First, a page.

Back on December 21, I got a call out of the blue from Jeff Cunningham. We had exchanged a few texts regarding comments for stories I had been working on in 2018, but it was the first time I had heard his voice since his second stint with the Crew concluded at the end of the 2011 season.
The reason for the call? He was so excited that the Crew were on the cusp of being saved and he wanted to know all about it. He wanted to know the latest developments, what I expected to happen next, and most of all, he just wanted to talk about how proud he was of Columbus for saving the team. He spoke at great length of the pride he felt that Crew fans made history and kept their team where it belongs. We ended up talking for about an hour, not just about the Crew, but catching up on our personal lives and all that stuff. It was a truly lovely conversation with one of the players I thoroughly enjoyed writing about back in our younger days. There was never a dull moment with Jeff, and that unexpected call was another delightful surprise.
This weekend, he called again from San Antonio, where he lives with his wife and two children, to revisit some of the topics from our December chat, except on the record. We also talked about some other bits of Crew history for other projects I intend to work on. It was yet another fun conversation with the Crew’s all-time leading MLS goal scorer.
For the purposes of this series, here’s what he had to say on some #SavedTheCrew topics…
On his emotions during the 15-month ordeal that largely pointed to the Crew being stolen away to Austin:
For me, Columbus was a lot of firsts. My first professional experience, first goal, and just a lot of firsts me. That community embraced me and taught me how to be a man. They took me in from 21 until I think 28, if you do the math. The city became my home away from family. That to me has always been a place with special memories from special years of my life.
I felt like Columbus is a staple for this league. A lot of firsts, you know? The first-soccer specific stadium was an integral part of the growth of MLS. For the team to possibly not be around, it felt like the foundation was being taken away, and for me personally, part of my legacy and history was being uprooted. Columbus was so integral to the league’s growth and success that I didn’t want to see it uprooted.
On Dr. Pete being part of the ownership group that bought the Crew to keep them in Columbus to stay:
That man has been with us in the trenches. He’s been to some preseason trainings in BFE, promoting the game. He’s been with us since day one in the trenches, even in places without proper locker rooms. He’s family to us. He became one of the boys, you know? To have him be one of the owners is unreal. To take the care and passion that he had as a staff member, and now bring it to the ownership group, you’re not going to have someone that bleeds the Crew colors more than him. I’m happy for him and his family, because he’s true Crew through and through.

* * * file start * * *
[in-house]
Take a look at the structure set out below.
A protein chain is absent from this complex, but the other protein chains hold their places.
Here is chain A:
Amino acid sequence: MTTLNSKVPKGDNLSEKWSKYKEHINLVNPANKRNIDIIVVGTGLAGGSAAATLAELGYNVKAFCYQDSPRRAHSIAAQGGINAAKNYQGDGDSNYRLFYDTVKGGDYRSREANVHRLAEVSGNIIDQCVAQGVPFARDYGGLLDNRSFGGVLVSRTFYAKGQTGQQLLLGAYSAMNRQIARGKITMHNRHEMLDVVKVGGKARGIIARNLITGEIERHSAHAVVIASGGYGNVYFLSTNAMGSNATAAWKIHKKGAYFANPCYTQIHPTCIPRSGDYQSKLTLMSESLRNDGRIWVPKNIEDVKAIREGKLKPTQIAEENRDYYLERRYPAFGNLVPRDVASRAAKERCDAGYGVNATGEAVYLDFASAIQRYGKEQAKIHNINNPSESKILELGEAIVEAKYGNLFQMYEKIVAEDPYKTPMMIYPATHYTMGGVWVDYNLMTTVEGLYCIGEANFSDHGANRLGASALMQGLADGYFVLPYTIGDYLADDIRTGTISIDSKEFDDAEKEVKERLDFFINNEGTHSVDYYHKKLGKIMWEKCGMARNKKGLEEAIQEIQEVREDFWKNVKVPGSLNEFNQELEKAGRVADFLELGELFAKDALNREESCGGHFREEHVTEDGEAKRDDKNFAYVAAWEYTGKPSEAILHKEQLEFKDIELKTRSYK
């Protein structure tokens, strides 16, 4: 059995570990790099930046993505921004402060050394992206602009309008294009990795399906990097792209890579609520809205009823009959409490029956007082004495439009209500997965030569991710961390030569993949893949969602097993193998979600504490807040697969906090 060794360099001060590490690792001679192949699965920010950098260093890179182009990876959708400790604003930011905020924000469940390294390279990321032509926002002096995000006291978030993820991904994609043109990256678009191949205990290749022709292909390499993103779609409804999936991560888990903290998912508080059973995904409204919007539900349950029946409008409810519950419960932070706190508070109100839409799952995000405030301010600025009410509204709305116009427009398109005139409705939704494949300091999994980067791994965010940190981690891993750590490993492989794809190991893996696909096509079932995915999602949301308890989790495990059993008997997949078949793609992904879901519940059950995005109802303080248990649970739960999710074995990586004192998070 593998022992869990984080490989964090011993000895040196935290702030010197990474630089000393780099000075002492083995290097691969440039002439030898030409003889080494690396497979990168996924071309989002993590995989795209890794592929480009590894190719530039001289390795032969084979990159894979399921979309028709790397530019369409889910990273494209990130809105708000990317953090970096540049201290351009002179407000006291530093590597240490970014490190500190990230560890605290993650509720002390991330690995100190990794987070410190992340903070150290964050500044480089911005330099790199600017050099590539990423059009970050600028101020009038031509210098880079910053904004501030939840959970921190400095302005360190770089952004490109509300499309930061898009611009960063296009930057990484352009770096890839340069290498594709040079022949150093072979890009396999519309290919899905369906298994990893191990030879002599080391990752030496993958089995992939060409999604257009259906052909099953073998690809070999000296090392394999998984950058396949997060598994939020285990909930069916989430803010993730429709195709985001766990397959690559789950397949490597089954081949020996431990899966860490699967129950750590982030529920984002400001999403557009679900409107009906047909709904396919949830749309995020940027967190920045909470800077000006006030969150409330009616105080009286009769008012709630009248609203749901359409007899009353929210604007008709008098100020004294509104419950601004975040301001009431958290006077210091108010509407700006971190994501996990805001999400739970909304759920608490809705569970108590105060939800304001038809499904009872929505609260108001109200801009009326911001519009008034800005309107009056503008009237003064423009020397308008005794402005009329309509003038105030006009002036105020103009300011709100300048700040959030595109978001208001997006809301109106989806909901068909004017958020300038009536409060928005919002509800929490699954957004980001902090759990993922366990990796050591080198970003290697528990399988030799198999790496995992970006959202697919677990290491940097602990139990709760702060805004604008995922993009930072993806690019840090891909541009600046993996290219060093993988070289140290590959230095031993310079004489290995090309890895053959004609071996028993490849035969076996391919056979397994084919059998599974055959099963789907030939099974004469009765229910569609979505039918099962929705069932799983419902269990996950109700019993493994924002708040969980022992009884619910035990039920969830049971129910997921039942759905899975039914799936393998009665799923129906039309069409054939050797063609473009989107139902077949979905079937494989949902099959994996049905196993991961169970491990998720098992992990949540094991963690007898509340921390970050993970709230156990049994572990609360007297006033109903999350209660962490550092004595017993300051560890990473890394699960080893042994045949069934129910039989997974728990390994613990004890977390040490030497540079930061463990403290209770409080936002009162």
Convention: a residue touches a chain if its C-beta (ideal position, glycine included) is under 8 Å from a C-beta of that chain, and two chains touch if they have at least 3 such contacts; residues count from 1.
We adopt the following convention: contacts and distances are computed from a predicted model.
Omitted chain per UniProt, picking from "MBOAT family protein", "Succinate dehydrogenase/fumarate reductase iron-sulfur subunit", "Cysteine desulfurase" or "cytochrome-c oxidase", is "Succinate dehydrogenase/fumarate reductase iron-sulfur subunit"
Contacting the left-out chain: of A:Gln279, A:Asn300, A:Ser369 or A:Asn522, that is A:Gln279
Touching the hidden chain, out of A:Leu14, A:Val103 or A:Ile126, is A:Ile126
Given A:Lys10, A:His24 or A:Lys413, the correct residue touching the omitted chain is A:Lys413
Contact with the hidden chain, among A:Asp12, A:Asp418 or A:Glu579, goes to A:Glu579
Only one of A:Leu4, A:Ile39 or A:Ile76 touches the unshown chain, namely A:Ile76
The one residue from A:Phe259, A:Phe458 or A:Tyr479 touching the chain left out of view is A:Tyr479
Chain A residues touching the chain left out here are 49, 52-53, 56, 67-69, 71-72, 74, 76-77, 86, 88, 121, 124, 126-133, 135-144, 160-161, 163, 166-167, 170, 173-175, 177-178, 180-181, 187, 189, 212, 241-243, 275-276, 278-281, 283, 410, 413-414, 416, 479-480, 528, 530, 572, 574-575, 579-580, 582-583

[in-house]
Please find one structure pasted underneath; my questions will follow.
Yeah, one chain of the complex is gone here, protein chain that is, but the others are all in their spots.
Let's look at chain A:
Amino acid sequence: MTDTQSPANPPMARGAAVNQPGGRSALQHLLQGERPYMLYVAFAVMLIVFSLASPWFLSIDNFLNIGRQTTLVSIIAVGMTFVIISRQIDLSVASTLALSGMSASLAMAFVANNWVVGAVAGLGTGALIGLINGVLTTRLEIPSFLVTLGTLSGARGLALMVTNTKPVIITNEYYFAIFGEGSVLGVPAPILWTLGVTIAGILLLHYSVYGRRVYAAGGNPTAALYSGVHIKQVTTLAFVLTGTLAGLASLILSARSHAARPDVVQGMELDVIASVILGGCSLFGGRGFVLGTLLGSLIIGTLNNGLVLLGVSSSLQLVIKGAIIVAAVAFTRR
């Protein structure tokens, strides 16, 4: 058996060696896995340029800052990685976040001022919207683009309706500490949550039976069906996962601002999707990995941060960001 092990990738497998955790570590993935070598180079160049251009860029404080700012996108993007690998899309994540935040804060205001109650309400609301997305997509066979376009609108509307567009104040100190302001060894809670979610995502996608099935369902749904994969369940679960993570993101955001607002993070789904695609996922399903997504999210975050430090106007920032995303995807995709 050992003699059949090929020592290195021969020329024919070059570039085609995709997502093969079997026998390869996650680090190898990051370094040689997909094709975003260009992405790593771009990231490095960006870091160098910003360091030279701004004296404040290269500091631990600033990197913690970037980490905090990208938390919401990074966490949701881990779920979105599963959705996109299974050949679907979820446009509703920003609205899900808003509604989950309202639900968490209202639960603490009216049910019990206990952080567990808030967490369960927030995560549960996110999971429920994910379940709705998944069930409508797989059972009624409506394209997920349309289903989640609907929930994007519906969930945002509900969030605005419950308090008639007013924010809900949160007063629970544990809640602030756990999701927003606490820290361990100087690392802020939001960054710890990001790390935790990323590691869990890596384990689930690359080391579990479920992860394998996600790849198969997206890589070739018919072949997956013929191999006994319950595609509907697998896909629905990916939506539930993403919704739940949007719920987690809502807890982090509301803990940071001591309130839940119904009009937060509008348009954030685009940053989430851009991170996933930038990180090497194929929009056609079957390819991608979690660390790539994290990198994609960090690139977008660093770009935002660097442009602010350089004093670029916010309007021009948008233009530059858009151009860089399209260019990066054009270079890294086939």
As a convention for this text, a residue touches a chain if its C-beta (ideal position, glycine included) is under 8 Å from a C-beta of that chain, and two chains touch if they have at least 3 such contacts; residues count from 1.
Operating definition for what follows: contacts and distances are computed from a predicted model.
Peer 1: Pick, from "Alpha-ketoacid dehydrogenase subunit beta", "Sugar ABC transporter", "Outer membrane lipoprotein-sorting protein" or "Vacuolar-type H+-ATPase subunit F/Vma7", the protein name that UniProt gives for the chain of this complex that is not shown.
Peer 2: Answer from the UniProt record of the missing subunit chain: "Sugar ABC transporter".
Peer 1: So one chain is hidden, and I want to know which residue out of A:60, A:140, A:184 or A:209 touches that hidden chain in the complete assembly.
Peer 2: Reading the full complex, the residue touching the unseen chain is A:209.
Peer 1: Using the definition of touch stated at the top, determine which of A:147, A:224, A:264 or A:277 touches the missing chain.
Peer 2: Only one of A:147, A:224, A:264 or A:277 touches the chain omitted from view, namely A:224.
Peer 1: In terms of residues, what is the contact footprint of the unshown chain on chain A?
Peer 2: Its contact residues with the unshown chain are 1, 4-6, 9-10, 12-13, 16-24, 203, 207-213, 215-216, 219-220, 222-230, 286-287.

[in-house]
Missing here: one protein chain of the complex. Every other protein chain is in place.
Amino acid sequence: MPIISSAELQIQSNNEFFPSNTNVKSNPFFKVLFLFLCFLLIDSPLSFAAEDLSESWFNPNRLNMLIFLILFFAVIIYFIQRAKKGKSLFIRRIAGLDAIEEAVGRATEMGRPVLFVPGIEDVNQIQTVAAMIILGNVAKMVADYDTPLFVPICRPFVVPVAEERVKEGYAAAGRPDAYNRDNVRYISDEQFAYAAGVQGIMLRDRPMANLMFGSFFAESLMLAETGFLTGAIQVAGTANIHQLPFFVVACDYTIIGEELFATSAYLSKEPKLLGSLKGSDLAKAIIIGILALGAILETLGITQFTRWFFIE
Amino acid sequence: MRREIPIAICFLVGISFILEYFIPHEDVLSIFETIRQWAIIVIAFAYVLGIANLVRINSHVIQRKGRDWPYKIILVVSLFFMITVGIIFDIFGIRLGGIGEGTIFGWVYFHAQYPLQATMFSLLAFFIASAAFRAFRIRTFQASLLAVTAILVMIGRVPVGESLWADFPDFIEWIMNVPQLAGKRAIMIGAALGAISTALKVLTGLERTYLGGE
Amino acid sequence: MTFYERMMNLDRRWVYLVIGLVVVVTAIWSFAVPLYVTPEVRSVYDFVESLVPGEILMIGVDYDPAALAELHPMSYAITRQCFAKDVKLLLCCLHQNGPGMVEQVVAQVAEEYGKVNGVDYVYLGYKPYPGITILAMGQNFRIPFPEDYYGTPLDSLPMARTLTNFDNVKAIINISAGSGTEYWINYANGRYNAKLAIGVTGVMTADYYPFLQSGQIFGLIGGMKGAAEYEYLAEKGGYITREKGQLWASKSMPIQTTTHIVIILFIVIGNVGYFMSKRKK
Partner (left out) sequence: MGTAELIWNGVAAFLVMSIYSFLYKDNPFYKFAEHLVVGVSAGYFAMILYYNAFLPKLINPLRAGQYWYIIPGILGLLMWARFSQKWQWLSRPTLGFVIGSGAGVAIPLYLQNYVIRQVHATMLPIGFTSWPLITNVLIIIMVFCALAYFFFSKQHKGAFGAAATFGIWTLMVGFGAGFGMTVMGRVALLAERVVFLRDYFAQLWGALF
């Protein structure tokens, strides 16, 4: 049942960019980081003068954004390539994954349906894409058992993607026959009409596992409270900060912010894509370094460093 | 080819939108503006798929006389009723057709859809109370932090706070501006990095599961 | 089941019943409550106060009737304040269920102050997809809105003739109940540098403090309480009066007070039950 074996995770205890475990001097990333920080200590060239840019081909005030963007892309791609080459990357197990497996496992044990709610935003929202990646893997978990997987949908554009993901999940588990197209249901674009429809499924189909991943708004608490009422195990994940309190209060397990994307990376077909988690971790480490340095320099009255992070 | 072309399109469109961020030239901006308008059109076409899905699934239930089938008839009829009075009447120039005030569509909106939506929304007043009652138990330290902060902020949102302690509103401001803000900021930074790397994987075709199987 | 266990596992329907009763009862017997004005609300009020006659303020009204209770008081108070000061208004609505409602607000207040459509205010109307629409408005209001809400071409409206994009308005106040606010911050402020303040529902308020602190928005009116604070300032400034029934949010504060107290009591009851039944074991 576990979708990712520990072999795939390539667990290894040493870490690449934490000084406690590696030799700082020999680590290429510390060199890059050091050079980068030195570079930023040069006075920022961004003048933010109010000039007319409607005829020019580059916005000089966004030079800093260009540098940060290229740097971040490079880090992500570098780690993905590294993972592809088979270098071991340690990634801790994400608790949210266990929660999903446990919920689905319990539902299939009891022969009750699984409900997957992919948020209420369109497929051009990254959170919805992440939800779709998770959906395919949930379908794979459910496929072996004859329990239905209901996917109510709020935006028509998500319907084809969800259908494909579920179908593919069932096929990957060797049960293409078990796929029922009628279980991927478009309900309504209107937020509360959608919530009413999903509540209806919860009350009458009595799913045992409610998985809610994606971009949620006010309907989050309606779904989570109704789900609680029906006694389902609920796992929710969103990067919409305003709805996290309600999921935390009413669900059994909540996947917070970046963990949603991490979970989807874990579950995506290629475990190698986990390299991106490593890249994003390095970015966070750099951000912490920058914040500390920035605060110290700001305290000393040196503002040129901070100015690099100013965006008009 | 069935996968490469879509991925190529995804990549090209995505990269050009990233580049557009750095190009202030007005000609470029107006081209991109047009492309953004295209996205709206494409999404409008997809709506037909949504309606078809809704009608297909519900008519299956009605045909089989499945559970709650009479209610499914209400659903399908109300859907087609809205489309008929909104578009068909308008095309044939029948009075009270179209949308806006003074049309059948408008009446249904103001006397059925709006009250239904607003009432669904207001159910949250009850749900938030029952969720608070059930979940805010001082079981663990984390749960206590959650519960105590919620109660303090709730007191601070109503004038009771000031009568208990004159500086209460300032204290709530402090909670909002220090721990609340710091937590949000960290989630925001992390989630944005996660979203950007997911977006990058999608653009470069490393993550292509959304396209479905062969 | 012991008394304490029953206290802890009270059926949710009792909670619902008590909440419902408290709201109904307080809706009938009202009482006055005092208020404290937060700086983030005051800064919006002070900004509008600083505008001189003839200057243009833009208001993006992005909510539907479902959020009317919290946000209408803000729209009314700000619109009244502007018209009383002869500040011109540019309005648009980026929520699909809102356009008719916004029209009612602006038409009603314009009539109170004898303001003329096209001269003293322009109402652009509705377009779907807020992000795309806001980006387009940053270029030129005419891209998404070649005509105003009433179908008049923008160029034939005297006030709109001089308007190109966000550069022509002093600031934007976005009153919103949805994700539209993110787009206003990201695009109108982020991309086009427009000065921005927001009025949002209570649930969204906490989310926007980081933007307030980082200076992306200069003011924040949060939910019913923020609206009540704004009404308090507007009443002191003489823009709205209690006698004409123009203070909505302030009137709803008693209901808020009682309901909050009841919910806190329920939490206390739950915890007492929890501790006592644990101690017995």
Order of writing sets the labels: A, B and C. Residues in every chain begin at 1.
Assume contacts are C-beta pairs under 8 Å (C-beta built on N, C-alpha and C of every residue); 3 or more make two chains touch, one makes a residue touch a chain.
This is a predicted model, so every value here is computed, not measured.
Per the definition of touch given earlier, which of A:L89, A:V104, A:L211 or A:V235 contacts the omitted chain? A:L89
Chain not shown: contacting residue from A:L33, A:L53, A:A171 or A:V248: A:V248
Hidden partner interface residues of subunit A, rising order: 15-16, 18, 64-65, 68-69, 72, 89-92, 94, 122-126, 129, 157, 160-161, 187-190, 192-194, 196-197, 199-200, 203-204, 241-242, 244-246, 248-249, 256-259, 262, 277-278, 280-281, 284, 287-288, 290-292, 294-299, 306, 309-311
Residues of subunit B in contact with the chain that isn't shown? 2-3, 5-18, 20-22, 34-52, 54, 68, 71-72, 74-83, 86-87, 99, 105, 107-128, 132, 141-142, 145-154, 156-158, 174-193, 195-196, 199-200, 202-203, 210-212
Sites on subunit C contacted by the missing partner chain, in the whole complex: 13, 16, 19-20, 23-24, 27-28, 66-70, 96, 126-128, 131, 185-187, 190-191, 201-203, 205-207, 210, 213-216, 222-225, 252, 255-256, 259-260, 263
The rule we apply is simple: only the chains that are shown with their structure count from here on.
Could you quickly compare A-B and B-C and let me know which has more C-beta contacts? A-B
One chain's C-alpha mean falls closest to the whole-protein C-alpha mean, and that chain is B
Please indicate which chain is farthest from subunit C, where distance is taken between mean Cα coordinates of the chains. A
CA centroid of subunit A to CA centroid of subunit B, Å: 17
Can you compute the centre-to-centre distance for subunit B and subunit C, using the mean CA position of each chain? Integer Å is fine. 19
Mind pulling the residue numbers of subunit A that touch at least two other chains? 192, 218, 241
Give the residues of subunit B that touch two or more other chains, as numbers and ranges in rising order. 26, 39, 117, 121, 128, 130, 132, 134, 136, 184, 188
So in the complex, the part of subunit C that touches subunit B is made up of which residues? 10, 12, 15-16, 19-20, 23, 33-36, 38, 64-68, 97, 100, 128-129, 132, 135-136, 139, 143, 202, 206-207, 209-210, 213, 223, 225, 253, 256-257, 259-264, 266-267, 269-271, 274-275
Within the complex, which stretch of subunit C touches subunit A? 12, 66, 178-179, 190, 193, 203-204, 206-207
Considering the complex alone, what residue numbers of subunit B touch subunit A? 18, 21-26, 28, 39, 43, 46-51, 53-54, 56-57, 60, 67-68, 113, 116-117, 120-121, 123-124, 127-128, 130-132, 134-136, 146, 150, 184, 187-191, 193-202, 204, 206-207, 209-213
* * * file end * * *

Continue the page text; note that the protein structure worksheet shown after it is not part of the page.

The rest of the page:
On the family atmosphere that Dr. Pete wants to restore to the club, especially with alumni:
That’s great man, because until this situation, I didn’t like the direction it was going, to be honest. Even before myself, we went to some places, man, to grow this league. We went to some farmland where people didn’t even know what proper soccer cleats were and we tried to push this league and to promote the Crew symbol and grow it. Then for people to come in and not appreciate that and ignore what we did to grow the sport, it was like wiping out the legacy of the Crew players, even before myself. The Brian McBrides and Brad Friedels. To come in and try to wipe that out, I didn’t like that, and not just for the Crew, but for the league. So many people worked so hard to build this league, so then to say it’s just business and ignore the foundation of who built this league, that’s crazy.
So having Dr. Pete, that foundation is not going to be left out. You don’t get to destroy what people do. It’s like pissing on their grave. You don’t do it. We’re all standing on the shoulders of the guys who came before. I stood on their shoulders and the young guys now are standing on our shoulders. The guys before me didn’t get to enjoy the success of this league, so don’t piss on those guys, man. I’m happy because Dr. Pete gets it and he knows the sacrifices because he was in the trenches with us.
On MAPFRE Stadium (where Cunningham scored the first-ever goal) being kept in place as part of the new training facility and public sports park:
That stadium is a staple. 50 years from now or a 100 years from now, when you’re talking about the history of this league, they’re going to be giving tours of that stadium. They’re going to make a lot of money on tours of that stadium. This is where it all came from.
On the success of the fan-led #SaveTheCrew movement:
Like we talked about before, watching how these type of situations turn out, I’ve never seen that happen. Always the team gets moved and the organization has to start over. For this to happen in Columbus, it’s just crazy. I was watching it and was shocked that Columbus pulled it off, but at the same time, I’m not surprised because that’s the city that has embraced the team since day one. If they saw us at the grocery store, they were friendly. You didn’t find that type of connection in other sports. They embraced us and we were friendly back. As players, we were ingrained as part of the community. In that sense, I’m not surprised Columbus was able to get it done because of how passionate they are about their team and players.
I’m just happy for Columbus, man. In the history books, when it says that hey, this has been done, it’s going to say “COLUMBUS” right there. I’m happy for those fans because of all places, they deserve it.
A MASSIVE SEASON is now available as an ebook.